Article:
Profanity is listed as the reason for many schools to ban classic literary works such as “The Catcher in the Rye” and “To Kill a Mockingbird,” but one Tennessee school apparently felt a profanity and violence-laced book called “Robopocalypse” was too important to leave out of its curriculum.
John Steinbeck’s classic “Of Mice and Men” has been prohibited in many schools for its profanity and use of the Lord’s name in vain, though an excerpt of “Robopocalypse” included on its promotional website features a continuous barrage of profane language and sacrilegious use of the names of God and Jesus.
At least a few informed and involved parents are expressing their outrage after learning students are being assigned this book, laced with adult-oriented language and themes, as a mandatory part of their studies.
Reports indicate one such parent lamented that his child, age 14, “is being forced to read profanity,” adding, “We want our kids to be civilized citizens and … this does not serve that purpose.”
While the excerpt mentioned earlier contains enough objectionable material to upset many traditional parents, some lines of text are completely beyond the pale.
One passage reportedly includes the quote, “I swear to God and all his cronies, darling I’ll f***ing kill you.” That single line encompasses almost everything most moral parents want to keep their children from reading, though the school allegedly gave parents no warning this material was included as assigned reading.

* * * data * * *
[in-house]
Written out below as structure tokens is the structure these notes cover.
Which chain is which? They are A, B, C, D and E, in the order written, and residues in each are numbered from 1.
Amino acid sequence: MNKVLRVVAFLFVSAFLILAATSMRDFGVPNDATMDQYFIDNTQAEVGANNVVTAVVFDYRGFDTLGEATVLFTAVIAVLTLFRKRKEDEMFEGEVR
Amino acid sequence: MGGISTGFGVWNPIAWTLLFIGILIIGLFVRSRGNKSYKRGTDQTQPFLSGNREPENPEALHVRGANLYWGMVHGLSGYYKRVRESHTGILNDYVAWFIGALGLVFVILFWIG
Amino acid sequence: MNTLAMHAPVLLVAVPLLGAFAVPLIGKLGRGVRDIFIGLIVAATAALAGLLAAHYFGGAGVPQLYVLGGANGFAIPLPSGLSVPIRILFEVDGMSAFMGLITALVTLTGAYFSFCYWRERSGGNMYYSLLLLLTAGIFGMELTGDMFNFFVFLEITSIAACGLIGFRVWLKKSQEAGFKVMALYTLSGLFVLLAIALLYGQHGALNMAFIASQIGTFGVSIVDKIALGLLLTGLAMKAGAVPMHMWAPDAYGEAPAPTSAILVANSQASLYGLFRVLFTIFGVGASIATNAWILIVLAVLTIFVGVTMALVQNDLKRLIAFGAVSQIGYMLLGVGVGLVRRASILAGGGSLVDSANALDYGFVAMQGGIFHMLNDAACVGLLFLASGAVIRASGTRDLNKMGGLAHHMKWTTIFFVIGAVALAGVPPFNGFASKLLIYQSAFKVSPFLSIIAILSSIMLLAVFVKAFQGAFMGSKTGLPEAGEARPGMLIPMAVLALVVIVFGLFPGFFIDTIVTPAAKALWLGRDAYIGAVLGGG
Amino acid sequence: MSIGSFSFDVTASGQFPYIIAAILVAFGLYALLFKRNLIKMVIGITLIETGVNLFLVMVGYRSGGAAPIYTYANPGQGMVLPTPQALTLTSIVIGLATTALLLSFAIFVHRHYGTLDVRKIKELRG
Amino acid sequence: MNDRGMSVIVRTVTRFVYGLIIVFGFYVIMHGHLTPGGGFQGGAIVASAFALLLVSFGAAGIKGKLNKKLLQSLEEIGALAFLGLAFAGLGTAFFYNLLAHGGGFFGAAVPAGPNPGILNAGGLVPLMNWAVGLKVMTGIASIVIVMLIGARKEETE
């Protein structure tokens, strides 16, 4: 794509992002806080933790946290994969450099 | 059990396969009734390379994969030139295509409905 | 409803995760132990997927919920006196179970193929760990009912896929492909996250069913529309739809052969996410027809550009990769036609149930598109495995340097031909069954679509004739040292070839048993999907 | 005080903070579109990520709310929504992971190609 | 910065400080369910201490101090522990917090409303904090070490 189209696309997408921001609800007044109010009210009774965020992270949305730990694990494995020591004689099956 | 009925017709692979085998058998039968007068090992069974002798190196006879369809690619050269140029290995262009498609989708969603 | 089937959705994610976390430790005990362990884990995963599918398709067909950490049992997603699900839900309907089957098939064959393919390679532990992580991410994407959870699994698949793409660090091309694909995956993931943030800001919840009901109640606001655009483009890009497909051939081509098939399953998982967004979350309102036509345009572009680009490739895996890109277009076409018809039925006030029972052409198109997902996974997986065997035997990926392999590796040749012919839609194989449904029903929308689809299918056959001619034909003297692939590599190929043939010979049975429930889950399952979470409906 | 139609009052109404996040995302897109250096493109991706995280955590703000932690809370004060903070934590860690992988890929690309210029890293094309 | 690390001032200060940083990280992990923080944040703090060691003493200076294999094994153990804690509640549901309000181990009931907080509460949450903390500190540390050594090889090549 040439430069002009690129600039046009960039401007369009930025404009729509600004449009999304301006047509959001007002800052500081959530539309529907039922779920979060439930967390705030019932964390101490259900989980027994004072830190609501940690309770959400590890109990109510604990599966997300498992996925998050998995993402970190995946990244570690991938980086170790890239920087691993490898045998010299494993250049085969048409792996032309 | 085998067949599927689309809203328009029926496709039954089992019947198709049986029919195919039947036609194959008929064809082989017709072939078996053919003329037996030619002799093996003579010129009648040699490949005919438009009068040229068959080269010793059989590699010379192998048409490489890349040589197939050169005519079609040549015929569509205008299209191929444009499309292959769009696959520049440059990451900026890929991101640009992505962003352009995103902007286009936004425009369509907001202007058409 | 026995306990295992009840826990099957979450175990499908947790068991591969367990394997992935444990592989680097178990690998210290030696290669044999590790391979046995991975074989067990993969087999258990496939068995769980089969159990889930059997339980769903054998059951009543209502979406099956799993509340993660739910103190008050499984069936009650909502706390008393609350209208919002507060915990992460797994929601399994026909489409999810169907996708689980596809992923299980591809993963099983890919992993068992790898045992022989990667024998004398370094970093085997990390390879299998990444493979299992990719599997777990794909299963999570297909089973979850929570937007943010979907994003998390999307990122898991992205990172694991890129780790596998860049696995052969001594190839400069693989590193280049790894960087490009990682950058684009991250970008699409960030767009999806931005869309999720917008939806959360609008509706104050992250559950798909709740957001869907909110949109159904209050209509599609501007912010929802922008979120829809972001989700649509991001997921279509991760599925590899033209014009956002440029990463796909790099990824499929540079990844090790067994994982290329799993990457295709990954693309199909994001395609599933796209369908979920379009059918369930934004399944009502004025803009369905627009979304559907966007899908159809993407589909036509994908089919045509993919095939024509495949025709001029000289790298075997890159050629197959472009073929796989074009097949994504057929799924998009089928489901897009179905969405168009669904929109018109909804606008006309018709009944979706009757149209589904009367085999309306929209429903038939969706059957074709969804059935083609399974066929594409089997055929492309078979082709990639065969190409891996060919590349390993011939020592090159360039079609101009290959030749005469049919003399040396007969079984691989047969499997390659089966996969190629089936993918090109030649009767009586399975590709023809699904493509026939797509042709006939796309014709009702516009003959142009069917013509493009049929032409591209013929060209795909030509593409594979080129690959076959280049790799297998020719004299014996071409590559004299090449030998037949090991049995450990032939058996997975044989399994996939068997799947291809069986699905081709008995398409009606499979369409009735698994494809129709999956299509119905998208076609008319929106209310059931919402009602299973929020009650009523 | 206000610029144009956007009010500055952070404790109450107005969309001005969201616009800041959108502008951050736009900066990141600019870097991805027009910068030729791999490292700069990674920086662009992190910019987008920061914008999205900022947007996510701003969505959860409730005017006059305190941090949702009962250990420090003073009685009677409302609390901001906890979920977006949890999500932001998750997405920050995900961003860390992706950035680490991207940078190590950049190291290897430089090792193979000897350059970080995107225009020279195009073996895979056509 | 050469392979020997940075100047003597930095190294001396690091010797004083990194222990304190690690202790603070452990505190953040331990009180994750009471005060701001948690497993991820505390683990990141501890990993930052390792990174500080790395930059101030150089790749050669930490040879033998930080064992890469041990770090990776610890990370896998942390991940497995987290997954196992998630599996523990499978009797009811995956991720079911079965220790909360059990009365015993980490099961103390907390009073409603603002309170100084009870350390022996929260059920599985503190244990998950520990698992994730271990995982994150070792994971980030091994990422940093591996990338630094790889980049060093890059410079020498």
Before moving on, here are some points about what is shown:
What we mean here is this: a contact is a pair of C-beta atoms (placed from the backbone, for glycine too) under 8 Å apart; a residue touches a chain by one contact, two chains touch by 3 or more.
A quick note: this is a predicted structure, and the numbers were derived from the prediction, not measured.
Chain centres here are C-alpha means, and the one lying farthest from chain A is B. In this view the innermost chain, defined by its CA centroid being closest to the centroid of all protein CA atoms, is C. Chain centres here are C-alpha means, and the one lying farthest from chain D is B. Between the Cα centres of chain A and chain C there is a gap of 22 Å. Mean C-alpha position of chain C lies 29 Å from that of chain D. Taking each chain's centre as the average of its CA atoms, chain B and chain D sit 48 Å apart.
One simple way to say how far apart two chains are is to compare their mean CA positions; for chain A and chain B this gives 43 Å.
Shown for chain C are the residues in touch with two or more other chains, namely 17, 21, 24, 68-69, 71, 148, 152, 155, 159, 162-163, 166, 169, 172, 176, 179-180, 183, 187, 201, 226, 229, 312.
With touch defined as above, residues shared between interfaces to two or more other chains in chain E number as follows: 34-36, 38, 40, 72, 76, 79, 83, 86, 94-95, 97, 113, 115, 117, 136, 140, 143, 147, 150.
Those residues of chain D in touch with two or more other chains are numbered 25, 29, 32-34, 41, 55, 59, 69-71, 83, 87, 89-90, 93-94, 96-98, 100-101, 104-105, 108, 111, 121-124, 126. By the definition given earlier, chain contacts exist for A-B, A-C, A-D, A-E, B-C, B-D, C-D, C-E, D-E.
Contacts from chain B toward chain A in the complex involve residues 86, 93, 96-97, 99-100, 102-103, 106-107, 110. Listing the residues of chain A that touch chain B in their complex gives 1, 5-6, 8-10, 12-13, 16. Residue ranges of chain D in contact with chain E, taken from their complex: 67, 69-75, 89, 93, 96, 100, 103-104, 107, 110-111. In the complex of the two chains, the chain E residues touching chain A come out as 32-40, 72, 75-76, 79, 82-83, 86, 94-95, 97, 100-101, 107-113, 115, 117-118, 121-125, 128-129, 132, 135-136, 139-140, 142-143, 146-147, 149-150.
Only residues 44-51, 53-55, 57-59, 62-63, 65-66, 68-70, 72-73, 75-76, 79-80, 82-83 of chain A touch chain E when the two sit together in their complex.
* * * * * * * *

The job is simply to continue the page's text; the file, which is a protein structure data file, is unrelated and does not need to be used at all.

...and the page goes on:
According to one school administrator, staff “decided that most (not all) students of this age group are exposed to profanity through much more graphic means than the written text.” This is supposed to excuse an instructor mandating all students (not most) in the class read material their parents very well might find abhorrent?
This is just another case of schools, and in a broader sense, government, believing they know what we need better than we do. It was up to the parents themselves to take the initiative to read the material themselves to find out exactly how profane it is.
“I’m not mad at the author,” the concerned parent reportedly said. “The thing that upsets me most is the total disregard for parental consent.”
The bottom line is that this book was included as mandatory summer reading for Knox County incoming freshmen and, while I don’t support book bans that don’t allow access to important literature such as “The Adventures of Huckleberry Finn,” the very least school administrators should do is familiarize themselves with the books they are assigning and require parental permission before requiring youth to read material contrary to the values of many parents.
Photo credit: theNerdPatrol (Creative Commons)
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